Celebrating our Victories!: The Massive Success of “Introduction to Feminist Activism”
Let me be honest with you, when I pitched the idea of a 5-week series of workshops on feminist activism to be held from 7-9pm of Thursday nights at the women’s center I thought that there was a good chance no one would come. It takes a special kind of person to give up her free time to come out and learn more about social justice, especially during the few warm and summery evenings we have here in Newfoundland and Labrador. But guess what? Those special people came out, and they came out in droves. Every week the SJSOWC welcomed 20+ participants hungry for the opportunity to share their feminist activism, and learn new strategies for making change.
In each workshop we covered a different topic together. Beginning with “Feminism and Activism” in our first week, we moved on to “Feminism, Sex and Love”, “Feminism and Healthcare”, “Feminism and Parenting”, and finally “Feminism and Solidarity”. For those of you who weren’t able to make it out to the workshops, here’s a quick overview:
Feminism and Activism: Feminist approaches to activism encompass a wide range of strategies from radical direct action, to minor interventions in daily life. Despite the power of feminist theoretical scholarship to inform and inspire practical activism, a deep chasm remains between feminist theory and activist practice. In this presentation we explored 5 activist tactics that make possible the redistribution of power including research, support, campaigning, organizing and protest.
Feminism Sex and Love: Discussions of feminism and sex often center on sexual violence. During this workshop we left sexual violence to the side in order to discuss some of the other ways that women experience sexual inequity. Topics included sexual consent, orgasm inequality, and some of the ways women’s bodies are commonly misunderstood. We also talked about what feminist love might look like, including straight, queer and platonic relationships.
Feminism and Healthcare: Perhaps our most explosive workshop. If you don’t know about the women’s health scandals that have rocked this province, including the Cameron Inquiry, the huge number of hysterectomies in Central Newfoundland, and the overuse of cesarean sections (sometimes called unne-cesareans), then it is time to start paying attention! We went on to cover some of the ways that women have made major strides in the healthcare field including the increased representation of women physicians, and women’s contributions to the wellness movement.
Feminism and Parenting: We welcomed our youngest participant at this workshop. At just a few weeks old this teeny feminist-in-training set the stage for a broad discussion of feminism and parenthood, as well as the choice to remain child-free. Together we explored the biggest taboo, people who regret having children. We also discussed the kinds of practices feminist parents engage in when it comes to how they treat their children, other parents, and themselves.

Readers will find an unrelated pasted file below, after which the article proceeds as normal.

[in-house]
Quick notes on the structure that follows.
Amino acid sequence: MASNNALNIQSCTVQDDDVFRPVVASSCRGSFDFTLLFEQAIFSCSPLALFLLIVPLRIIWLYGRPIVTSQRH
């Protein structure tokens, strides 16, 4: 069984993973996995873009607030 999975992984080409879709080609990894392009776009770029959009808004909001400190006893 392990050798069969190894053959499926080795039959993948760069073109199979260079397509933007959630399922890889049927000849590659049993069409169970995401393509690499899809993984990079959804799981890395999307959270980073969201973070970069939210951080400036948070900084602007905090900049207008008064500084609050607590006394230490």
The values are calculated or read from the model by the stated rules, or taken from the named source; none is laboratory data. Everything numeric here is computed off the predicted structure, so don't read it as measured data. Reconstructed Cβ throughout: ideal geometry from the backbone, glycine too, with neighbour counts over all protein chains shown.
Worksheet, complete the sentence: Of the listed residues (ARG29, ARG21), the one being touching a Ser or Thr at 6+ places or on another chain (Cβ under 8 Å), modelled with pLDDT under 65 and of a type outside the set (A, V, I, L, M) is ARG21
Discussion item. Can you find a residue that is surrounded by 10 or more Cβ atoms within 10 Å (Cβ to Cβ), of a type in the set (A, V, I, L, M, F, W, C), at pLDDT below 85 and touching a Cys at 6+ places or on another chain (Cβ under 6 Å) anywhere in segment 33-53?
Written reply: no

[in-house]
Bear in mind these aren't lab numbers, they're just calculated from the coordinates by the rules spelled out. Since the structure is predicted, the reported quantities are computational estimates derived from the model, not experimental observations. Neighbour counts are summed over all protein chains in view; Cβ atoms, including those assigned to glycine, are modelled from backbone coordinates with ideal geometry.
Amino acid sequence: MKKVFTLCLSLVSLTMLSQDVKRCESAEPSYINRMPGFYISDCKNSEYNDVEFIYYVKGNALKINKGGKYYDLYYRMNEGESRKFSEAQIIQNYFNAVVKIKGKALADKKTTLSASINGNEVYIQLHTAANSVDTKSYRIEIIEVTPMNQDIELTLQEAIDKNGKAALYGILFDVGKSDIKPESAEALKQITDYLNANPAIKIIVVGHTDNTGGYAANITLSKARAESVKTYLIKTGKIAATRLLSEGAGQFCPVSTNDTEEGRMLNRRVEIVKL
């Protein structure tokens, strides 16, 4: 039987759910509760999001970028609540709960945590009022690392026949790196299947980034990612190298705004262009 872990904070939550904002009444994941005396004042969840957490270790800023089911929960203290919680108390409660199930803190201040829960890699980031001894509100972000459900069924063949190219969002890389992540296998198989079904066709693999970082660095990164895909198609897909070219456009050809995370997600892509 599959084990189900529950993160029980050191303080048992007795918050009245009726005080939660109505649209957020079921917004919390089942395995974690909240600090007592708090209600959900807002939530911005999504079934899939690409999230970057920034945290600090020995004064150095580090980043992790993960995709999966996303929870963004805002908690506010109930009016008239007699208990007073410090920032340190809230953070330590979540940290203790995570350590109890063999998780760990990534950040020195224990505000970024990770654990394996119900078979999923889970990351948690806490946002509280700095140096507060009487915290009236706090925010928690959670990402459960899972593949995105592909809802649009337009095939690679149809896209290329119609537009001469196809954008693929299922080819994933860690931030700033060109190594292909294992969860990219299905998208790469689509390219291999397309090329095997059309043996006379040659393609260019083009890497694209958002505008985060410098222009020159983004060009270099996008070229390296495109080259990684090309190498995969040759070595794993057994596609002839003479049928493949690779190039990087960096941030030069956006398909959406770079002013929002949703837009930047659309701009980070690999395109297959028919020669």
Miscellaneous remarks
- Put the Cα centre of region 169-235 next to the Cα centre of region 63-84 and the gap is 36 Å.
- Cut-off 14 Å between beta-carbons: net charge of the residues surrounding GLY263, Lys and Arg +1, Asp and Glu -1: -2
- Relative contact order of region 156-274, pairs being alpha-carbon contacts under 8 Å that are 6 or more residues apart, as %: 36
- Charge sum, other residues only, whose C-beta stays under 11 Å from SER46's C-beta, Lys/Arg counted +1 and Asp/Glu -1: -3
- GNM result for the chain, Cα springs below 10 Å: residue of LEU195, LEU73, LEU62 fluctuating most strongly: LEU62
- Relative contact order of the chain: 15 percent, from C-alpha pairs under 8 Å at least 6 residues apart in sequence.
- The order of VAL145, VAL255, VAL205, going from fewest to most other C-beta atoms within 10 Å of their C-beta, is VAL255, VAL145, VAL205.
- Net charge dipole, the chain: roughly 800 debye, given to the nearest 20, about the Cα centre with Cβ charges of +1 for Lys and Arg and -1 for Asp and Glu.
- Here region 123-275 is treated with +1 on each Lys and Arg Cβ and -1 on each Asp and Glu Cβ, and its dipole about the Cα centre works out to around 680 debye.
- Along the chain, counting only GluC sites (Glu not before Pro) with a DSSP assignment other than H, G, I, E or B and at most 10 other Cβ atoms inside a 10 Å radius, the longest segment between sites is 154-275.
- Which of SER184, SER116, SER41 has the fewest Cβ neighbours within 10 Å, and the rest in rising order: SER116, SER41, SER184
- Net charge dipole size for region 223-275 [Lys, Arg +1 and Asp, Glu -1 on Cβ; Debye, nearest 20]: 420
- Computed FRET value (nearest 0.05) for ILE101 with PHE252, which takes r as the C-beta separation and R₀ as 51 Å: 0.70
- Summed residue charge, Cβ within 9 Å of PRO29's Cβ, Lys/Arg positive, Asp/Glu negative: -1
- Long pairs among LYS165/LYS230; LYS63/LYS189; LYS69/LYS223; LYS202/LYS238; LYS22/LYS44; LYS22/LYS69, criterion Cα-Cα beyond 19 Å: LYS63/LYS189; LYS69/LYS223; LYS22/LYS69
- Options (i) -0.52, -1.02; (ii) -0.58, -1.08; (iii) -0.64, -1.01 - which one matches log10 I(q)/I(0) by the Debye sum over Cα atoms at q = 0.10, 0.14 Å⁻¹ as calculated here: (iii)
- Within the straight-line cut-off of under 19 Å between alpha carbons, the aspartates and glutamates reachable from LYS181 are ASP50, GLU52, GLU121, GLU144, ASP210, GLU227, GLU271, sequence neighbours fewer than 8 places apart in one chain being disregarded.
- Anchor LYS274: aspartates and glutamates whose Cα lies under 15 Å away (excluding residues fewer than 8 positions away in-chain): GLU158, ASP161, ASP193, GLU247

Feminism and Solidarity: In our last workshop of the series we focused on women and work. This included the history of women in the labour movement and the importance of unions in Newfoundland and Labrador. We also discussed how unions are used to engender social justice and political action. Participants were most excited by the simple step-by-step instructions for how to get involved in your union if you are a part of one, and how to start a union if your workplace is not already unionized.
Sad you missed one or all of these workshops? Know a group who would benefit from one of these presentations? Contact Feminist-in Residence Chandra Kavanagh at kavanacl [at] mcmaster.ca for more information on how to bring these workshops to you!
Picture: Alison receiving her certificate for attending all 5 classes for Feminist in Residence, Chandra Kavanagh.
By Chandra Kavanagh
Chandra is an ethicist, author and international public speaker Chandra Kavanagh is a PhD Candidate in the philosophy department at McMaster University where she studies feminist thought and biomedical ethics. Chandra has delivered presentations on political and ethical issues that have received high acclaim across Canada, the United States, Europe and Australia. An award-winning feminist and labour activist, Chandra received the 2016 Canadian Union of Public Employees (CUPE) Ontario “Sisters in Solidarity” award for her outstanding work on gender issues in her role as president of CUPE Local 3906. Chandra has 20+ publications in both academic and popular media formats with a strong focus on ethics and gender.